How HEPACART® Helps Sustainability in Healthcare
by HEPACART on Jan 05, 2022
Buying from manufacturers that create sustainable healthcare products is essential.
The healthcare industry makes up approximately 18% of the U.S. economy. This means that — just like other large industry segments — it has a huge carbon footprint and contributes massively to municipal solid waste.
And it's not surprising that medical solid waste grew faster during the pandemic. The increase was largely due to the tidal wave of disposable PPE, medical packaging, and test products needed to safely treat patients infected with a highly contagious virus. Remarkably, the waste generated from PPE necessary to care for a single isolated patient produces over 3,700 pounds of solid waste in a year.
It's also not surprising that the recycling industry was unable to keep up with the volume, resulting in mismanaged plastic waste being discharged into the environment. According to researchers from Nanjing University in China and the Scripps Institution of Oceanography, UC San Diego:
Think about the fact that waste emanating from the massive U.S. healthcare system is mostly incinerated. The same is mostly true for other developed countries. The problem is, incineration creates hazardous atmospheric carbon. The vast majority of scientists today (and increasingly nonscientists) understand that we need to reverse atmospheric carbon. It follows that the cooperation of every industry is necessary to clean up the environment by evolving toward more sustainable practices, healthcare included.
Whether your industry does more good for society than bad isn't really the issue here. Doctors, nurses, and hospital staff generate waste that must be removed from their facilities. So, how do we deal with this enormous task that seems not to be directly related to patient health but is actually crucial to the long-term health of everyone? Sustainability in healthcare is critical. Ideally, we would reduce waste to or below pre-pandemic levels, plan for far less waste in the future, and reduce healthcare's carbon footprint.
Before we go further, we probably should provide the simplest possible definition of environmental sustainability. In fact, the concept is pretty easy to grasp: Environmental sustainability means responsible interaction with the environment to ensure that today's needs are met without jeopardizing the needs of future populations.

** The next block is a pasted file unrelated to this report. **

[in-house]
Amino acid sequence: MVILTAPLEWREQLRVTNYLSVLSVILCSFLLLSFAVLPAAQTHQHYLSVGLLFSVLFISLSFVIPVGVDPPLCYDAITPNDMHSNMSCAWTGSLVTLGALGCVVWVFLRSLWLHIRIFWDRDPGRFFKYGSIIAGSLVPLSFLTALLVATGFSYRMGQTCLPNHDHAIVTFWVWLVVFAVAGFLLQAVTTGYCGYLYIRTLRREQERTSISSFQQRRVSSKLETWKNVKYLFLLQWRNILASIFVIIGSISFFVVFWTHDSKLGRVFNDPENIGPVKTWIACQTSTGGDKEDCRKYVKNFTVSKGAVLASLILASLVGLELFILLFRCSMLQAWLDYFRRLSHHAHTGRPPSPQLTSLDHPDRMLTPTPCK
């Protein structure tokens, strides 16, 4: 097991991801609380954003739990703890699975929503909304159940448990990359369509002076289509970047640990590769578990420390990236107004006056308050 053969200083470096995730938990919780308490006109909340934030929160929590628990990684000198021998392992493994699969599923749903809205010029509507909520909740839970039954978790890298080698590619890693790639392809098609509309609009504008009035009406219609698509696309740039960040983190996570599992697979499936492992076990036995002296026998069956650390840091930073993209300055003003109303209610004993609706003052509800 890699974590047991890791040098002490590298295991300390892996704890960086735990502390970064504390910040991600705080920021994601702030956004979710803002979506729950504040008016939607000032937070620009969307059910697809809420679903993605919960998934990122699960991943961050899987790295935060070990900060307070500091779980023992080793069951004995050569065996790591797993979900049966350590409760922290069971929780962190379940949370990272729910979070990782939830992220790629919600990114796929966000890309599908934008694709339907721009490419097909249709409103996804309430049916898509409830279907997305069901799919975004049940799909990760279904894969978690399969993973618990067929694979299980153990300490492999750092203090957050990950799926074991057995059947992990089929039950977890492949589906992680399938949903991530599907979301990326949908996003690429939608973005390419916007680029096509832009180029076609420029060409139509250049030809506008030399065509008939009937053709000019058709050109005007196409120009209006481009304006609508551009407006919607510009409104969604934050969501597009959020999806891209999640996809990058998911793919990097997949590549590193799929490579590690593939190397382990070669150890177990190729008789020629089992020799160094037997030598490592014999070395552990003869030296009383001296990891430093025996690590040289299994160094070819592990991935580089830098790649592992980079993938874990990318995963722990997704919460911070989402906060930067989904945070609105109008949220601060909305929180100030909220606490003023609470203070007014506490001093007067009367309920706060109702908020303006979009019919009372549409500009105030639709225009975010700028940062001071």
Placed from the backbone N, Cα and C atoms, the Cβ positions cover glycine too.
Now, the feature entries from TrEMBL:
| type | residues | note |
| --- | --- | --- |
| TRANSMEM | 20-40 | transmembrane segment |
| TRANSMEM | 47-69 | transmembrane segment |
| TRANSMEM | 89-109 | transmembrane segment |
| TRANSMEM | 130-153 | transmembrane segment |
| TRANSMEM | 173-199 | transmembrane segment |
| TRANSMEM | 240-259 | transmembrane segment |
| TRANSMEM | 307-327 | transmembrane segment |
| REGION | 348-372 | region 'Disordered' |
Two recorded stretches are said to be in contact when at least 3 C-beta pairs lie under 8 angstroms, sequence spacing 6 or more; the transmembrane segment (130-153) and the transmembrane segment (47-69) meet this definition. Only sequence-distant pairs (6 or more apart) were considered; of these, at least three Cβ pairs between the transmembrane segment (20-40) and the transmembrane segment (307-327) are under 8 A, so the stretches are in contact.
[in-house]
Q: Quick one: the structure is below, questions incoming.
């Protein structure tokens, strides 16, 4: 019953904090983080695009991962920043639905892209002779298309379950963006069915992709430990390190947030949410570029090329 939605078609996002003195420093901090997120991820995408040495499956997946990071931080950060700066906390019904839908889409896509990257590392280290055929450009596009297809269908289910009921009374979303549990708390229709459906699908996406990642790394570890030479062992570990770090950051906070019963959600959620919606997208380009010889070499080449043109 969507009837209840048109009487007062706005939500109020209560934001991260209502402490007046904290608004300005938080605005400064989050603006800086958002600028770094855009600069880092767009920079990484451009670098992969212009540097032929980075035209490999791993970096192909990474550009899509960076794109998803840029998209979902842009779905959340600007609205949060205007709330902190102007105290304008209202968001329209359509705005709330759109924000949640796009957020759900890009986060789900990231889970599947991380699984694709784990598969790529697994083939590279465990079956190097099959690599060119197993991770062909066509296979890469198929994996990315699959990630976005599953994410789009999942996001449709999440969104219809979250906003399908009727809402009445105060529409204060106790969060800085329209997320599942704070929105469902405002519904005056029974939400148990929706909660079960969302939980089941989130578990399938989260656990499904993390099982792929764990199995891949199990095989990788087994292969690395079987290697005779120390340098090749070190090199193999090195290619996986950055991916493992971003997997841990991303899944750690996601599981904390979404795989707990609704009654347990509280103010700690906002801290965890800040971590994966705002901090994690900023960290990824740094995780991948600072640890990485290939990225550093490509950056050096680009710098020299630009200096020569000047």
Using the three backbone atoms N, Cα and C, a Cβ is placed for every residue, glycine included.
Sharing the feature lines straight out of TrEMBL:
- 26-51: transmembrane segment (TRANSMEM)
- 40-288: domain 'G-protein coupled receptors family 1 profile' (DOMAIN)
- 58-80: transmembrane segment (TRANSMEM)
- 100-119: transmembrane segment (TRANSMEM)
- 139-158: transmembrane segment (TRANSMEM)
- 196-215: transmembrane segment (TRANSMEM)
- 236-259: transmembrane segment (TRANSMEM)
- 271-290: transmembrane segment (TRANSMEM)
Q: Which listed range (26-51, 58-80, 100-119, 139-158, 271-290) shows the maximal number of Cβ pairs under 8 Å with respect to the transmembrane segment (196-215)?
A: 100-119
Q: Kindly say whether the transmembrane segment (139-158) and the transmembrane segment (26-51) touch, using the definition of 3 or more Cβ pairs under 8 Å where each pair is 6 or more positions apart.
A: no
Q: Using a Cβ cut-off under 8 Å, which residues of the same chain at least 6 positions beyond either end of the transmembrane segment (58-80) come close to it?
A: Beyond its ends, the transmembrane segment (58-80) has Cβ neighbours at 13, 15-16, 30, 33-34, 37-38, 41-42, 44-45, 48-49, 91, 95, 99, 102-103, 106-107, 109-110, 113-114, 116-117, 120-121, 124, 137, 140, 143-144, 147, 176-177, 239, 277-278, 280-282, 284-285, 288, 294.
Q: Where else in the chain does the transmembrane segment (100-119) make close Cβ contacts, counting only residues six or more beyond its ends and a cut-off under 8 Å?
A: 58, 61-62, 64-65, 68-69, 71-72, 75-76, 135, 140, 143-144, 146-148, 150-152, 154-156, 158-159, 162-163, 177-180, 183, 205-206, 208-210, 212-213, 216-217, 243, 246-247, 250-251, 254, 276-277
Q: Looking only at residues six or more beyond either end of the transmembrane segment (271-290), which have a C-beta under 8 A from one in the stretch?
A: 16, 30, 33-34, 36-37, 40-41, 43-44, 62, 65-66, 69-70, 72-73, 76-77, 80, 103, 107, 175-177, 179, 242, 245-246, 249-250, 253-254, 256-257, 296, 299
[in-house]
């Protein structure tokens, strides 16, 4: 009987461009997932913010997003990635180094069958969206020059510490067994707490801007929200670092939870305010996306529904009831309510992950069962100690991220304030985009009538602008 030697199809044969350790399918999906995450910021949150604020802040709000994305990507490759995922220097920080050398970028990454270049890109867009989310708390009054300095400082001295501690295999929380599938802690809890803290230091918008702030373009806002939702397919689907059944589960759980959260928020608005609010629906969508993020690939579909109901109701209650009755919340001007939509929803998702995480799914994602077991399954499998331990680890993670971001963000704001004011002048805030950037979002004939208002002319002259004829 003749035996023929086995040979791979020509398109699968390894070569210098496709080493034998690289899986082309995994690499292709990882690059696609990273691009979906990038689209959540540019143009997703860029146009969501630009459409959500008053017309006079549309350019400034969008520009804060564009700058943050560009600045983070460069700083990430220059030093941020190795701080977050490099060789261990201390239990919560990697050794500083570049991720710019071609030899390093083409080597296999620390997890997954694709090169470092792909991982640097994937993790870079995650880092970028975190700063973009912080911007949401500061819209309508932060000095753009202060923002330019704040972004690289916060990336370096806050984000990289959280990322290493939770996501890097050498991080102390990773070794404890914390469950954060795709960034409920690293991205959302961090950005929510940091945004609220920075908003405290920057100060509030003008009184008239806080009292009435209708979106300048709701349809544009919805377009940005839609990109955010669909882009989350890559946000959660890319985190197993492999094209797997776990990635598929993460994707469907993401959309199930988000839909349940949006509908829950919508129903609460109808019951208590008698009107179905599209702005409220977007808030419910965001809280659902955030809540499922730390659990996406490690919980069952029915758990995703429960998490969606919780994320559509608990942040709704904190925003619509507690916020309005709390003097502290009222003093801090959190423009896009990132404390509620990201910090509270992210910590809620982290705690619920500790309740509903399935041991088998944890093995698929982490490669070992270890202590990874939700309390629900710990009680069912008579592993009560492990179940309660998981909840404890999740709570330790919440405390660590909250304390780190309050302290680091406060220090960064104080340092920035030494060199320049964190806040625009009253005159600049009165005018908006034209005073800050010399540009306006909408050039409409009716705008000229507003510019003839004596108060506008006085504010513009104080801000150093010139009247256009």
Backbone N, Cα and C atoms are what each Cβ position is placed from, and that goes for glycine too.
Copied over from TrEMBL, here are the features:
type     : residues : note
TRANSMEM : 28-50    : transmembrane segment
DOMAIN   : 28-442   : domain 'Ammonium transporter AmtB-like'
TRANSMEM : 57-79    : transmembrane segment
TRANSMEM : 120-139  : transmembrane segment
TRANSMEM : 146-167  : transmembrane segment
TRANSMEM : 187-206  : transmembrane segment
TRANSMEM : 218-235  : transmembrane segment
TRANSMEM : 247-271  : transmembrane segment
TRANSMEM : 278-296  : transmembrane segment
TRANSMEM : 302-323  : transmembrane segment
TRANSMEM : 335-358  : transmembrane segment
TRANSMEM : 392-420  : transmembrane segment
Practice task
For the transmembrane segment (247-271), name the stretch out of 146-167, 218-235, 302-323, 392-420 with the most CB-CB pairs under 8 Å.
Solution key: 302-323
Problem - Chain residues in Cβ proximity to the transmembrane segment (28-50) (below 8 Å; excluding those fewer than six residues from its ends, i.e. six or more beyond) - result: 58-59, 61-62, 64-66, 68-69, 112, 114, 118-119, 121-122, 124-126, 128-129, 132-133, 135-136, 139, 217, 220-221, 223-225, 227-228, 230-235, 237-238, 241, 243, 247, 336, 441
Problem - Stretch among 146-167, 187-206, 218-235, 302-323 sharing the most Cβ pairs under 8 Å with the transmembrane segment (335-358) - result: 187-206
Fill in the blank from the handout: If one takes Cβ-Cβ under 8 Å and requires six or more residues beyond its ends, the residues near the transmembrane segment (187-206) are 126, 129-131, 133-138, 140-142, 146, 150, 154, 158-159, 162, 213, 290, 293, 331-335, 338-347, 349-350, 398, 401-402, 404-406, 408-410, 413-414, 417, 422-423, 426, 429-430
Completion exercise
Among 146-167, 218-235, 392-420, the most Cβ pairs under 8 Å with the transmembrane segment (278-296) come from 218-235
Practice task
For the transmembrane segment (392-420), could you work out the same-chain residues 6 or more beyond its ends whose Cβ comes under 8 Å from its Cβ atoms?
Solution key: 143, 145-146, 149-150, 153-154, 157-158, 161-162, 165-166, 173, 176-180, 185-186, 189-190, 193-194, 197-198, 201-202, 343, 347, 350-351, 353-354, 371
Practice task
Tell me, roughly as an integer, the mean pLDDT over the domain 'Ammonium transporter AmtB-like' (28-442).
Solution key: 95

In other words, the healthcare industry — both as individual facilities and as a whole — has to work collectively and responsibly to provide care that’s effective but more sustainable, keeping the environment in mind.
What is Sustainability in Healthcare?
Some have the erroneous impression that nobody in healthcare cares about sustainability.
However, Healthcare Finance News reported in 2014 that more than half of hospitals were already making sustainability a factor in purchasing decisions. Further, they reported that healthcare professionals in more than 80% of hospitals expected to be invested in "sustainability purchasing" within two years.
One 2012 study found that sustainability efforts could save the healthcare industry $15 billion over ten years. This includes not only sustainable practices but sustainable building design for new facilities using modern technologies to achieve high energy efficiency, allowing for natural lighting and ventilation, and laying out rooms identically with beds and equipment in the same place to reduce errors and response times by staff.
Establishing Sustainability in Healthcare
Nearly a million staffed hospital beds produce about 5.9 million tons of solid waste every year. Even a small improvement will be a big deal. So what does the actual practice of sustainability look like in healthcare?
An action plan for environmental stewardship should begin with establishing an interdisciplinary team that includes nurses, staff from environmental services, managers, and infection control experts. They would gather data and study waste and disposal processes, and provide backing for initiatives such as:
- Zero-waste policies backed by training staff to reduce or eliminate waste and to reuse and recycle when possible
- Purchasing policies that prioritize the acquisition of reusables instead of disposables
- In areas where water is a scarce commodity, water conservation guidelines provided by the Healthcare Environmental Resource Center covering reuse of water and safe disposal of polluted water
- The use of telehealth services, which increased during the COVID-19 pandemic, should continue to be emphasized as a way to reach patients at home, thus reducing use of carbon-generating transportation
Our Contribution to Sustainability in Healthcare
So, where does HEPCART® come into play regarding sustainability in healthcare? The reason HEPACART is bringing you all of this information is because we hope to impart an understanding that buying from manufacturers that create products designed for sustainability is essential. The strength of our HEPACART product line is its durability, the opposite of disposability.
HEPACART's first ceiling access carts were sold to Shawnee Mission Medical Center (now AdventHealth) in 2006 and are still going strong. They (and other products such as AnteRoom and STARC® Systems customizable wall barriers) replace temporary enclosures, plastic, wood, and drywall, vastly reducing waste generated during construction and maintenance. Plus, HEPACART products are made of recyclable aluminum, giving them a long lifespan and a sustainable way to reuse or recycle.
We care about providing the healthcare industry with essential tools that eliminate non-recyclable waste while making jobs easier and facilities safer for patients, visitors, and staff.